Tuesday, September 30, 2008

The Marketing Gamble

A few of us were talking at Saturday's NESCBWI Salon about how putting together some materials to give to independent booksellers and driving around to visit them is risky and not just because many of us are writers because we aren't outgoing enough to be salespeople.

Independent booksellers are hugely important. Many of us see our books in independent bookstores far more frequently then we see them in the chains. But any marketing effort--and visiting booksellers is just one of them--is gambling with time because the time you use to market is time you could have been using to write the next book. Under the best of circumstances, it's very difficult to tell if you're getting much of a response to an individual marketing effort, so you always wonder--what is the best use of Wednesday?

Then on top of that, there's the nothing sells books business we keep hearing, which tends to make me feel that I might as well just go hiking on Wednesday.

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Sunday, September 28, 2008

Oh, I So Needed That

What I Did:

Yesterday I attended a New England Society of Children's Book Writers and Illustrators event in Massachusetts. It was a three-hour "salon" for published writers and illustrators on the topic of working with booksellers. Three very enthusiastic, professional booksellers discussed making connections with booksellers, bookstore events, and maintaining relationships with booksellers. At the end of the presentation, I was feeling really depressed (a couple of other people I spoke to seemed to be, too) because going up to strange booksellers in their stores for a cold chat, as they all advised, is probably not one of my best skills. But then I ate lunch and felt much better, so maybe it was just low blood sugar.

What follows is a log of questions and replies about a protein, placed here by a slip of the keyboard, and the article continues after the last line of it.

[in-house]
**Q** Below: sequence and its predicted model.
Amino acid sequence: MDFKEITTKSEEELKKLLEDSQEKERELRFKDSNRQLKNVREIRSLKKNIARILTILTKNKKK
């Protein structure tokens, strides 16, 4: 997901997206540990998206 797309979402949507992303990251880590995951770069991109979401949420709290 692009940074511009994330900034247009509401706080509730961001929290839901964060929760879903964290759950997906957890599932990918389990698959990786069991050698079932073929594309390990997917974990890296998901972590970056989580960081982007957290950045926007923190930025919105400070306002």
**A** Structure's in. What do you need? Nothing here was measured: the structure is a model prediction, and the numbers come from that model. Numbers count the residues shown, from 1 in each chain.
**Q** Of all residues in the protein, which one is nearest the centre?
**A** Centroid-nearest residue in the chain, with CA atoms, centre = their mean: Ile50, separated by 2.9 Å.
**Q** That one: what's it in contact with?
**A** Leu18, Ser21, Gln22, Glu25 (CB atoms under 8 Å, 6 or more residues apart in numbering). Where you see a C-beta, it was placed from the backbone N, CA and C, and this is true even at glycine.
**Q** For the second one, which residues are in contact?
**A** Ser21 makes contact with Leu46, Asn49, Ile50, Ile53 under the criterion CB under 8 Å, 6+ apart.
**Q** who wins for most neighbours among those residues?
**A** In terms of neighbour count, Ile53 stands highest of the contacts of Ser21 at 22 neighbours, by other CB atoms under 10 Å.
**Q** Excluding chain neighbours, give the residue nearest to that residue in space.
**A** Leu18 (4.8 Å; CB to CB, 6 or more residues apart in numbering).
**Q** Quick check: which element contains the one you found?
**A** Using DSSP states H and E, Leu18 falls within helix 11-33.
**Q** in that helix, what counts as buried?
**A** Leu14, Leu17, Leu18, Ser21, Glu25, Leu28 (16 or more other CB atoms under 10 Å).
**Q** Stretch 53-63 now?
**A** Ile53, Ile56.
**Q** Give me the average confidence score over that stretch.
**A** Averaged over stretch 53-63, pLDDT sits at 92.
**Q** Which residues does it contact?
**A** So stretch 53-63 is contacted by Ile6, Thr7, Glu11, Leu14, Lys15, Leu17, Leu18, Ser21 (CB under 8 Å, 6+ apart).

Who I Saw:

Toni Buzzeo, a children's author and librarian who is active in the NESCBWI. Several years ago, I attended a workshop she conducted on author presentations in schools.

Mary Newell DePalma, who I met nearly a year ago. I had dinner with her, in fact. She was one of the artists for Robert's Snow for Cancer's Cure last year.

Melissa Stewart and I had sort of met at an earlier NESCBWI event. I asked her yesterday if she had been published at that time, and she very modestly just said, "Yes." I'll say she's been published. The books' section of her website has to be divided into categories she's published so many.

Who I Met:

Loree Griffin Burns. I sat right next to her. I said, "Gee, your name sounds so familiar." Here's why.